The Complications of the Second Client

The timing issue comes into play, when you have two parties both under contract at the same time.

If you get a Listing for Sam’s property, you can show it to everyone, and you can sell it to everyone. The only thing you can’t do is “act” for the Buyer. The reason is that that would be a conflict of interest. Sam, however, can agree and provide you with permission.

The basic concept has been addressed already in a theoretical sense, both in the WWR (Working with a Realtor) and Listing Agreement. But, for any given deal, you need Sam’s specific permission. That could be as late as the CCR (Confirmation of Cooperation and Representation), immediately before the Offer (see. S. 10 Code of Ethics).That’s fine as long as the answer is “yes” but I would be a little more cautious if I thought that the answer might be “no”.

What if Sam says “no”!

Sam might say: “I’m not happy about you representing Buyer Bob, you have known him for 30 years and you just met me last week. I think you might possibly favour Bob in the negotiations…”.

The issue, of course, is when did you actually get Bob as a client? Maybe Bob could be a Customer? However, Bob may have become your client under “implied agency” before signing the BRA (Buyer Representation Agreement). If you provided “advice” to Bob at an open house rather than just mere information, Bob’s your client. You can act for Bob in any deal in Ontario with the exception of Sam’s property.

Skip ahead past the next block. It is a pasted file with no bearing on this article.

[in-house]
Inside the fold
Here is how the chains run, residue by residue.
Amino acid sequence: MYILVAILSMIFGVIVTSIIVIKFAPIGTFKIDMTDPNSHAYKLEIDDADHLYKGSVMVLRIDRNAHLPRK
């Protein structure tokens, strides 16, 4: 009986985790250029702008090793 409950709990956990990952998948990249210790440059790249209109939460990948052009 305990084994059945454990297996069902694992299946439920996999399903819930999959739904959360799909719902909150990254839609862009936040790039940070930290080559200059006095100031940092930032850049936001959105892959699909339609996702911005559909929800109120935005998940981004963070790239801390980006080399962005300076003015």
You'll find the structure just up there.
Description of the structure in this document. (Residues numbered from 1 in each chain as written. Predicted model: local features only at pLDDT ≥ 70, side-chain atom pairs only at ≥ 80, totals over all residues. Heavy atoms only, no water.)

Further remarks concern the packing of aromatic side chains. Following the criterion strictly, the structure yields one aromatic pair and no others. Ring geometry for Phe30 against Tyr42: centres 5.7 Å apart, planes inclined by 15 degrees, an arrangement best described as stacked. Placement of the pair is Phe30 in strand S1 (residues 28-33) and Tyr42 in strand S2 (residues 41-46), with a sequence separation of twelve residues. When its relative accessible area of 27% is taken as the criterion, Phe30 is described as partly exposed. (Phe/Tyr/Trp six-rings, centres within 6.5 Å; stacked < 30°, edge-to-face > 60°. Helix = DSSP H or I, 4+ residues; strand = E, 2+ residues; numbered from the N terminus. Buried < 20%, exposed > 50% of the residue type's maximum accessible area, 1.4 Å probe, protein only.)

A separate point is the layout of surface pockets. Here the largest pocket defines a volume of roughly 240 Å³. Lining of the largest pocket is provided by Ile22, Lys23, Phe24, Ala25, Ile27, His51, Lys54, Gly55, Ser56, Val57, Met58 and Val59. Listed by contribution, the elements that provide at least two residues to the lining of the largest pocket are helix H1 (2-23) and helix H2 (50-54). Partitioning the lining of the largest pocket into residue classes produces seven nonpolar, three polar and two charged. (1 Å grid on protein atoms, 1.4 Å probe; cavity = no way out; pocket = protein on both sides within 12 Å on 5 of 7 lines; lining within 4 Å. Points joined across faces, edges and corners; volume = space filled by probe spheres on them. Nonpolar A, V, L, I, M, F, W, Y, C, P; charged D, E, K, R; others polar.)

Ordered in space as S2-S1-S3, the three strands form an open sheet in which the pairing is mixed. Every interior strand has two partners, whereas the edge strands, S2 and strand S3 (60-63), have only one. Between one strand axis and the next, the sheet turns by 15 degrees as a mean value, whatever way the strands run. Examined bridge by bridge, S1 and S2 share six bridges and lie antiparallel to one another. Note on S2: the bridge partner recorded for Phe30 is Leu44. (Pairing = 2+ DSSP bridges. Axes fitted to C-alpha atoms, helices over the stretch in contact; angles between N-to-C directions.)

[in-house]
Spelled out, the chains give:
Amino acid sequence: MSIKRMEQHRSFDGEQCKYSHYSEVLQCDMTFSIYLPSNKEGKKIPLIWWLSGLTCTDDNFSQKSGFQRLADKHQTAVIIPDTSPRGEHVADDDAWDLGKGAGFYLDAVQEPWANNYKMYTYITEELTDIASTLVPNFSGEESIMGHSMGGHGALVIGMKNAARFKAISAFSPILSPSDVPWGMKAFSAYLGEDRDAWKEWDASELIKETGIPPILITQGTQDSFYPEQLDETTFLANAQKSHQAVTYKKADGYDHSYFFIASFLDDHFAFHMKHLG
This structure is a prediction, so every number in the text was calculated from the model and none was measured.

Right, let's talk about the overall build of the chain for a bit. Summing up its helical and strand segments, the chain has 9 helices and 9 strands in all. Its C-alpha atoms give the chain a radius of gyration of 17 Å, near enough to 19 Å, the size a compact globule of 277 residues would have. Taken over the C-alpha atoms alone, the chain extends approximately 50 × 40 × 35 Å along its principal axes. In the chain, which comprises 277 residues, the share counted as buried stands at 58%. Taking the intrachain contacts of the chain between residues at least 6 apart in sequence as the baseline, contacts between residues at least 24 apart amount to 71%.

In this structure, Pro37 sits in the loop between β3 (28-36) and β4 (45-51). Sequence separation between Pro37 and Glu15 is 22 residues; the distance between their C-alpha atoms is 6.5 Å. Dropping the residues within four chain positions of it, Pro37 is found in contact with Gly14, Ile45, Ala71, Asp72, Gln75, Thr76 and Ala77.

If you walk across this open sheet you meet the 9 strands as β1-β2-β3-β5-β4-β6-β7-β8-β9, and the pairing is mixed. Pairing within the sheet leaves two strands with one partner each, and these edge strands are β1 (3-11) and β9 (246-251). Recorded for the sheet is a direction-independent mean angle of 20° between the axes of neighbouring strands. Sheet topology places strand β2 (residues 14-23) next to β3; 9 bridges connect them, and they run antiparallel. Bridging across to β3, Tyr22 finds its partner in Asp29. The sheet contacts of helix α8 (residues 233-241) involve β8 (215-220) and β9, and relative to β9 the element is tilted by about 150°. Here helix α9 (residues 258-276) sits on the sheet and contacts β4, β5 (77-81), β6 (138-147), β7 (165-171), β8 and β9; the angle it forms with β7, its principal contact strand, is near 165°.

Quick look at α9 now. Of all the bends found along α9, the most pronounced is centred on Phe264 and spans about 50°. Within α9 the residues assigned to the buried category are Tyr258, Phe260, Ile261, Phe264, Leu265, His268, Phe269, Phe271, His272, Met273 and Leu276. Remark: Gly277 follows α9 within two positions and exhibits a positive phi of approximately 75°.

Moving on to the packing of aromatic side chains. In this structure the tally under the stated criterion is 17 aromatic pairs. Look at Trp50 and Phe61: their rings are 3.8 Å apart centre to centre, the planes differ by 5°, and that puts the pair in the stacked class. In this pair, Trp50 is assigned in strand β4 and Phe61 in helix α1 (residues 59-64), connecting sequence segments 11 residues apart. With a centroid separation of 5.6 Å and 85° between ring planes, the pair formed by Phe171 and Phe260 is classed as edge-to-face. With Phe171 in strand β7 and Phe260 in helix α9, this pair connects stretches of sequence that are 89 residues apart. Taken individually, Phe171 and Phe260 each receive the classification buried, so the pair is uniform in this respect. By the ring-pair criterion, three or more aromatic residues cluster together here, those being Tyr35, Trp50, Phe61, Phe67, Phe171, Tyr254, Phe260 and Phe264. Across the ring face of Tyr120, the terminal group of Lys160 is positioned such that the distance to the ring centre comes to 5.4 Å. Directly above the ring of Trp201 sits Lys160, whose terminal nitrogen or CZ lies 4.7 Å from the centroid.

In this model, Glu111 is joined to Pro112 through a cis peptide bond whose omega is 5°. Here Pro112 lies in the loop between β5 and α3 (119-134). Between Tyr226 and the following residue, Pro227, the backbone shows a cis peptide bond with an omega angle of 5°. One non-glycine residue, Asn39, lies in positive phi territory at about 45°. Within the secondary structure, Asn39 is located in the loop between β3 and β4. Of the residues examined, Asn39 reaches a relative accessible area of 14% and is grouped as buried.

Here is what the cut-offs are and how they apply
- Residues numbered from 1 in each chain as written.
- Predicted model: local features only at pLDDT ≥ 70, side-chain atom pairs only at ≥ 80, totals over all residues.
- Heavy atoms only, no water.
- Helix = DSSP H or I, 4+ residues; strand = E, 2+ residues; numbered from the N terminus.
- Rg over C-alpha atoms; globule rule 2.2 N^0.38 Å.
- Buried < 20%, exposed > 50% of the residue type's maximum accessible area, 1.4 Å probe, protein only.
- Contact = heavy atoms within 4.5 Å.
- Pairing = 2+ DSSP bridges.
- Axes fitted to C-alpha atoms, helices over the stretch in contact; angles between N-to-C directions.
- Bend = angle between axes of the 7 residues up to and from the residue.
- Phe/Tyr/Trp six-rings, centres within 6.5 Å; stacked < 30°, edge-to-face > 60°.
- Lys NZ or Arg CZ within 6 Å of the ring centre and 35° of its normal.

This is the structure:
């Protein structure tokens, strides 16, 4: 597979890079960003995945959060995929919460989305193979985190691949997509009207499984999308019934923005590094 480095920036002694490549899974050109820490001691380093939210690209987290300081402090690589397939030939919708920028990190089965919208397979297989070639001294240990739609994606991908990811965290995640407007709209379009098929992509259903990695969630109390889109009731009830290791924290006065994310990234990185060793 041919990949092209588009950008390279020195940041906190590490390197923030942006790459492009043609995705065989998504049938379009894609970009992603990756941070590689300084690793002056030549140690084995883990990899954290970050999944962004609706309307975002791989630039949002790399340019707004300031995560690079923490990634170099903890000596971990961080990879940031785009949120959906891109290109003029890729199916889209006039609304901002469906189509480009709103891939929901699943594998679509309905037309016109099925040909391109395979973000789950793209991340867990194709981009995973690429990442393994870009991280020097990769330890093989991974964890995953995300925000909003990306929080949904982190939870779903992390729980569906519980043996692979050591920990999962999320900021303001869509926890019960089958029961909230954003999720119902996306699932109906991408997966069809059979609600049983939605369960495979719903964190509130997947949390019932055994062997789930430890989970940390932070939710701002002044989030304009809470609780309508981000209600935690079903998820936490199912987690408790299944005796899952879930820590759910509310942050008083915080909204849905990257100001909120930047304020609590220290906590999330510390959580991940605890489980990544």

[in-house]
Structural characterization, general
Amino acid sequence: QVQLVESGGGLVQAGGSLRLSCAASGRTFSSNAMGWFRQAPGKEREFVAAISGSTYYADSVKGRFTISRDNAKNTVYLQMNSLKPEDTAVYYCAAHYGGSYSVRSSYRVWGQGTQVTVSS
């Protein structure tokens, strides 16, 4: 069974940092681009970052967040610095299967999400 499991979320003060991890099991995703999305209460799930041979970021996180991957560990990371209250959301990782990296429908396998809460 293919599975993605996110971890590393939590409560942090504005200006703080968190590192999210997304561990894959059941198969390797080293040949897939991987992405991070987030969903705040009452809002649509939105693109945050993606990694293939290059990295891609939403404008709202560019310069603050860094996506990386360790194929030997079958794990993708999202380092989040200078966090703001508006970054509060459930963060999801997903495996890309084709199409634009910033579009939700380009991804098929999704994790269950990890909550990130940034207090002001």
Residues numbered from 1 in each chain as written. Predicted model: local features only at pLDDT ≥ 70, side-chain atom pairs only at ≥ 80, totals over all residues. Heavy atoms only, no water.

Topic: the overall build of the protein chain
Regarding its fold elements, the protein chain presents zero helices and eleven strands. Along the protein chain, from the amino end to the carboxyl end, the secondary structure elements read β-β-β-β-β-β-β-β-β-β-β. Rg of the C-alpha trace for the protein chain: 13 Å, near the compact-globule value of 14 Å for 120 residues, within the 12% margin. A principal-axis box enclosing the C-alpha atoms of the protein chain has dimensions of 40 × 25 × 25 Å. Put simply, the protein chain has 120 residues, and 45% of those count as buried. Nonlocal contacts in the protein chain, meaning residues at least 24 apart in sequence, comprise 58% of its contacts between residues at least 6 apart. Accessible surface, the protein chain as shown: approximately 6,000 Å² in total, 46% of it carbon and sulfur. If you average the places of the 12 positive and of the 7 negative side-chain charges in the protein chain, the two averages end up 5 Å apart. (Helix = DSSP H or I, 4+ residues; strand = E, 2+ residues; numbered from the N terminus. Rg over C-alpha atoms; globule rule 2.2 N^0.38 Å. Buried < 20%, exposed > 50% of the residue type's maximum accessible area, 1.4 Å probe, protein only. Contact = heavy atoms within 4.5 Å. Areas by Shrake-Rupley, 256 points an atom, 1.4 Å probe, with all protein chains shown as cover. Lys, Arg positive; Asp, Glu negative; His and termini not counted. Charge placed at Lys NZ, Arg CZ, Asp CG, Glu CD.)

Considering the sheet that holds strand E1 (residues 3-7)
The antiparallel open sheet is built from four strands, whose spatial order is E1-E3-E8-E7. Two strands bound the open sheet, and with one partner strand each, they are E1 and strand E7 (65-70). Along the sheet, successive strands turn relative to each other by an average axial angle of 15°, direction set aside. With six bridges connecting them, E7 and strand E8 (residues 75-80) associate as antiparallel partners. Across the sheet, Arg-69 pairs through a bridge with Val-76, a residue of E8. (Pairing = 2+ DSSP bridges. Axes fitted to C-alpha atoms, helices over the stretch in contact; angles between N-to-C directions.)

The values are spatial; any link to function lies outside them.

Your choices would be to fire Bob, refer Bob, or have Bob decide to go after another property.

The unfortunate consequence is that if you take on Bob as a Client in respect to the purchase of Sam’s property, this is a breach of the agency duties owed to Sam. This allows Sam to terminate the Listing without consequence.

This is naturally more theoretical than real since most Sellers just want their properties sold. However, every so often, there is a seller out there who is unduly litigious.

Brian Madigan LL.B., Broker

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